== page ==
What marketing concerns do medical spas face?

Many medical spas rely on Groupon discounts to drive their business. It may be a violation of the laws, though, to use Groupon, because it may be considered fee-splitting. There are federal and state laws such as Stark Law that govern splitting fees between doctors and businesses. Your medical spa attorney can explain whether Groupon is a legitimate form of marketing or violates the fee-splitting laws.

Marketing materials including Internet sites should clearly indicate:

  • The licensing status of the medical spa
  • The identity of the medical director/treating physicians
  • Any medical specialties of the medical director/treating physicians
  • Any board certifications of the physicians
  • The education and training of the medical director/treating physicians

Marketing materials and ads can't mislead. Photographs can't be touched up. If models are used, then it should be clear and stated that models are being used.

Ads can't bait and switch to lure customers to pay for more expensive treatments

What additional medical spa regulations should be addressed in your legal review?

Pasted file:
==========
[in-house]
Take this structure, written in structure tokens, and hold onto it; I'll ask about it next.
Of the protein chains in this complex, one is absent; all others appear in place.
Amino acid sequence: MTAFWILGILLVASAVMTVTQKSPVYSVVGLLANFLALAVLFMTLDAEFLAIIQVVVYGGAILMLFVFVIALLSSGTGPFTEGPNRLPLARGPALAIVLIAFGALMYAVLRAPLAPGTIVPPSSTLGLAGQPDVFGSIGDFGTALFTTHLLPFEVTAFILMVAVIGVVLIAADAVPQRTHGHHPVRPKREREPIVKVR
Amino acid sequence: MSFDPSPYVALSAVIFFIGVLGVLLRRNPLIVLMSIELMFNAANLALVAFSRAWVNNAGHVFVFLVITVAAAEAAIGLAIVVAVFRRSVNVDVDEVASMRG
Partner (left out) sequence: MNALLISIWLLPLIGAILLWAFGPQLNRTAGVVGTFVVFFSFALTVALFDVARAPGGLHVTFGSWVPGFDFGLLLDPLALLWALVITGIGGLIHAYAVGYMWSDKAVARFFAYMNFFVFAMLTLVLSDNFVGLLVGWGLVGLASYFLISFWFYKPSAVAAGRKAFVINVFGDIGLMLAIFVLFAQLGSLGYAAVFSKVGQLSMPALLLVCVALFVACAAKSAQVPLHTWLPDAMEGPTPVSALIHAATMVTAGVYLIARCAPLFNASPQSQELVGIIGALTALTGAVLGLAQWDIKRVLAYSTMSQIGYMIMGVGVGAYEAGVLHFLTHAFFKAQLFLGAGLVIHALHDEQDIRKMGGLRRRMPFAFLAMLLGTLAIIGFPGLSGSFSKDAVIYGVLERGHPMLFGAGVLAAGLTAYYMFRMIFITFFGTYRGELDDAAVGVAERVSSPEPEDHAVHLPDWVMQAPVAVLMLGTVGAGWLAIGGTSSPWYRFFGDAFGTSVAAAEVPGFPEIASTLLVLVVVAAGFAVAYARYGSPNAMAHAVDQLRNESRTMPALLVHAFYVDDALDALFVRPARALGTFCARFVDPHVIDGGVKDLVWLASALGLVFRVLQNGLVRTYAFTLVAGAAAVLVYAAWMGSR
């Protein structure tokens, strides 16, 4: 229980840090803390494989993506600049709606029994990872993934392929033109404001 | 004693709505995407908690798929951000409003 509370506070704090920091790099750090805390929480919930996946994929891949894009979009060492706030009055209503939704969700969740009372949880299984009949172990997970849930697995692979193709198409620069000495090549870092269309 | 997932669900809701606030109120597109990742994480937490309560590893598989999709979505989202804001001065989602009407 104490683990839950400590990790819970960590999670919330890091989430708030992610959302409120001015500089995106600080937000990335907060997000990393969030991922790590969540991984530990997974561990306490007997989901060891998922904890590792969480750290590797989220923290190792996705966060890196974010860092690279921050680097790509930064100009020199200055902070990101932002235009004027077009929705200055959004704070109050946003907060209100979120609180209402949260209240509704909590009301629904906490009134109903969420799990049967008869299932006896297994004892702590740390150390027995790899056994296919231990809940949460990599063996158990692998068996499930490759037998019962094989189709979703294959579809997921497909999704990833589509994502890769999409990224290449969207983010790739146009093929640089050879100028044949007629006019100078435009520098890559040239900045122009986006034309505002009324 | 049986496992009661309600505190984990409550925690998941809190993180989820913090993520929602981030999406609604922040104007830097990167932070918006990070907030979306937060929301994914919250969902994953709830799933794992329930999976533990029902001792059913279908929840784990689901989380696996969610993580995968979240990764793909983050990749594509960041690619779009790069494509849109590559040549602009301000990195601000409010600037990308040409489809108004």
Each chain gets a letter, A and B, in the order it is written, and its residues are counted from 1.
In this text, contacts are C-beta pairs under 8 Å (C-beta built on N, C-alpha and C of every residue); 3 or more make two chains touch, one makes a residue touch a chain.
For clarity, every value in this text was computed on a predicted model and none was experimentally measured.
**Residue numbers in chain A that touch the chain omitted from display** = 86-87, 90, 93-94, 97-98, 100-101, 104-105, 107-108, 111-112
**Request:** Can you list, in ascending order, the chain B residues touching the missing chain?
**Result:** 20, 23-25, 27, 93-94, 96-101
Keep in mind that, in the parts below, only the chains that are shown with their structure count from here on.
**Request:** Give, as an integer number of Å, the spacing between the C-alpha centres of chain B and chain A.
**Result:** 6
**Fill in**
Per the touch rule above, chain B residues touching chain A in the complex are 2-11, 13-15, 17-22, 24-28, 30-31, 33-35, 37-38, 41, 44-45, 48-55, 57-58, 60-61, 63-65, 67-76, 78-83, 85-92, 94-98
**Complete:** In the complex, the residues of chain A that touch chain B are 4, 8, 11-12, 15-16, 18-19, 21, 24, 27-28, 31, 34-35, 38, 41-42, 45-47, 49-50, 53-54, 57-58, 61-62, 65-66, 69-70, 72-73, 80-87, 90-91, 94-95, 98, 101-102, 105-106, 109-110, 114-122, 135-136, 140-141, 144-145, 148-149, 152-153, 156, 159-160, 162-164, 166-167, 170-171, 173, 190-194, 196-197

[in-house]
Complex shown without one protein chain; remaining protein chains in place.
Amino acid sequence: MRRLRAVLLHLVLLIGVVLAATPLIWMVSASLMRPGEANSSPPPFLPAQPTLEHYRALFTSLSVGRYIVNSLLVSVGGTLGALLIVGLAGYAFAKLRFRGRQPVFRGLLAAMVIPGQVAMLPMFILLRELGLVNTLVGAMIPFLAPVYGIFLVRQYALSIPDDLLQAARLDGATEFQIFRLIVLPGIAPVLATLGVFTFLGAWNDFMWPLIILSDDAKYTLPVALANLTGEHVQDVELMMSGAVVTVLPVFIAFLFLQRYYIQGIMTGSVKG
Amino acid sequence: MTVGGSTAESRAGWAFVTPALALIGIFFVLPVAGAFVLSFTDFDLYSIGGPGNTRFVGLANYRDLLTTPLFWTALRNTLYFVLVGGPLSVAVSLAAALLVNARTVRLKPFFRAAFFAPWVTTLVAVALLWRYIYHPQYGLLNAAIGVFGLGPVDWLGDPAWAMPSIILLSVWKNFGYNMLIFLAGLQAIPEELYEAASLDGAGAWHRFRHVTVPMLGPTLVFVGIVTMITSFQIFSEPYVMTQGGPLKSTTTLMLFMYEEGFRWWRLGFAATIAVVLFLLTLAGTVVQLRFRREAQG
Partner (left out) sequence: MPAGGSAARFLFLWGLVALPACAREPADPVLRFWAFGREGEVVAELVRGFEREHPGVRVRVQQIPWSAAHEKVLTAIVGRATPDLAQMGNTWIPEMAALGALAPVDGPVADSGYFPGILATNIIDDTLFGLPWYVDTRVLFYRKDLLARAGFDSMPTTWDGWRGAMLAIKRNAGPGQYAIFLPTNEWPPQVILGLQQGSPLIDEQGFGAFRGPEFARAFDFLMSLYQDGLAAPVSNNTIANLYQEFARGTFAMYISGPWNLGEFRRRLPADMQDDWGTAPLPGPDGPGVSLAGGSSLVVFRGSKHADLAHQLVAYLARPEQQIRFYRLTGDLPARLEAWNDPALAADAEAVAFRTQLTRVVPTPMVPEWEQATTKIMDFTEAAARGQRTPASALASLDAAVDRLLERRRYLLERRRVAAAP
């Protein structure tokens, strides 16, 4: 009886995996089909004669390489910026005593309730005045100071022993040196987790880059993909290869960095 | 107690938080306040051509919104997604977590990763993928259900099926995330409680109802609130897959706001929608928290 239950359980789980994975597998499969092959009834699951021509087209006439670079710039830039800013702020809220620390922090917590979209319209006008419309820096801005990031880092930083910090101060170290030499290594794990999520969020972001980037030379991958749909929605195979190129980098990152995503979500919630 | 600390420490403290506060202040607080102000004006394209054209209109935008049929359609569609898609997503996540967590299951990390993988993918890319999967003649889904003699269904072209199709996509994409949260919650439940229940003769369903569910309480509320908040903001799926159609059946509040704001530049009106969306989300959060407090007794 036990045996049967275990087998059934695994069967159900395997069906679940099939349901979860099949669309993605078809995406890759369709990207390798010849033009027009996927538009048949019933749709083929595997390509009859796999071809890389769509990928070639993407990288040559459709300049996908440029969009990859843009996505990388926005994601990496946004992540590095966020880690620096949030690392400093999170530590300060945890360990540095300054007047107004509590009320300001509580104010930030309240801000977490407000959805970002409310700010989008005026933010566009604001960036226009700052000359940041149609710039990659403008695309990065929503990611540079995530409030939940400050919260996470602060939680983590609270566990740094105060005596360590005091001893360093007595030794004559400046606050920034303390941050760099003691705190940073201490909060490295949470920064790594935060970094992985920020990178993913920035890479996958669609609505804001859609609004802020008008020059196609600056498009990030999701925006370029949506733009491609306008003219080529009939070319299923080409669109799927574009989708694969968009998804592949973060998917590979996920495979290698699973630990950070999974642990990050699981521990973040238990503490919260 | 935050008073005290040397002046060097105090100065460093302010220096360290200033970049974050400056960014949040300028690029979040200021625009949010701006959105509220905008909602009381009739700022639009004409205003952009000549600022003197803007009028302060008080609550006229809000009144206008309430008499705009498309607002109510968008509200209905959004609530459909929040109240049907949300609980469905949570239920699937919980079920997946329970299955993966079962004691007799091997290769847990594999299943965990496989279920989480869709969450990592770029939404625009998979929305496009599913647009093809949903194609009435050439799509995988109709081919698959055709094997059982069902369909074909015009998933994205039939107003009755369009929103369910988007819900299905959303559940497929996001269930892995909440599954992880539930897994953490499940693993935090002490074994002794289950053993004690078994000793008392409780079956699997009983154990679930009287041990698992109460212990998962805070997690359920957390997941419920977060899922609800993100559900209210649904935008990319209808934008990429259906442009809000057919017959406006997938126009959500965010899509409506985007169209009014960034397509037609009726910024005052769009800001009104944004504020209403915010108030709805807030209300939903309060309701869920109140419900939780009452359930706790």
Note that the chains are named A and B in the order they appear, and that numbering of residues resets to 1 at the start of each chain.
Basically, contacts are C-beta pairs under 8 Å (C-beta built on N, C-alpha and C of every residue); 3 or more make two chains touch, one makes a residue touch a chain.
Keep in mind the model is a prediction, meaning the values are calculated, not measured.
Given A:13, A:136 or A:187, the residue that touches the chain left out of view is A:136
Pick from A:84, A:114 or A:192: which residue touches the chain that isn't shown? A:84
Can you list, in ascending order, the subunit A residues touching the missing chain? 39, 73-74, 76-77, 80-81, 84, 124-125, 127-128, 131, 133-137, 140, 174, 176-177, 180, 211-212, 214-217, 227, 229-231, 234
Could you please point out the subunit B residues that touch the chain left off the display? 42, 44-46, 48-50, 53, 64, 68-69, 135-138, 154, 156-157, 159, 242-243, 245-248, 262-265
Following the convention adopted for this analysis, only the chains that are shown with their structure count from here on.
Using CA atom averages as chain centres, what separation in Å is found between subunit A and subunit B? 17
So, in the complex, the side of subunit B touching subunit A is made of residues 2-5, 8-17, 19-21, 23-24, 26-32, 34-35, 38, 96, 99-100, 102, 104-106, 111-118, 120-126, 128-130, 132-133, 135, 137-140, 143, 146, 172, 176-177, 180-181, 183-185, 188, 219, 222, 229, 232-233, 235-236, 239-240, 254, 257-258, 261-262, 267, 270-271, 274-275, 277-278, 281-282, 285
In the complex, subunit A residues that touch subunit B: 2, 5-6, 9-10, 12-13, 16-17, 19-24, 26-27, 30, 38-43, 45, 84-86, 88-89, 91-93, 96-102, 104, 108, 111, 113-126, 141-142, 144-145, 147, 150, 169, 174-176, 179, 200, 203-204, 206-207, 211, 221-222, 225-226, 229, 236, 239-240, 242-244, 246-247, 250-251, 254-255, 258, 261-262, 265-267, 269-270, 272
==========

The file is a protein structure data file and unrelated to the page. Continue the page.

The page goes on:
Other medical spa questions to consider are:

  • Are the records that should be kept identical to those for any standard medical practice?
  • Are commissions and tips allowed for specific procedures performed by non-physicians
  • What privacy and other considerations can affect social media and email contacts?

What privacy and other considerations affect medical spa marketing?

Review Your Legal Risk with a Trusted Medical Spa Lawyer

Medical spas are a booming business. As the population ages, more women and men, are seeking the chance to look better through cosmetic and medical procedures. To learn the full range of legal risks in running a medial spa and to properly address those risks, please Contact Cohen Healthcare Law Group. Our healthcare lawyers are respected and admired for their experience as medical spa attorneys.

FREE Audio Book to offer you insight on Medical Spa legal and compliance matters

You have a medical spa or work as medical director to a medical spa, but you’re worried about compliance.

This downloadable resource offers key insights into the legal, compliance pitfalls that medical spas fall into, and ways that medical spas and medical spas physicians move forward.

  • We'll talk about the MSO structure, and how MSOs can help resolve corporate practice of medicine and fee-splitting issues.
  • We'll tell you why you should run if someone asks you to be Medical Director of a medi-spa.
  • We'll talk about physician supervision of mid-levels (nurses, nurse practitioners, physician assistants) and medical assistants and how physicians can stay compliant.

If you're involved in any way in a medical spa business or aesthetic medicine practice, this resource is for you!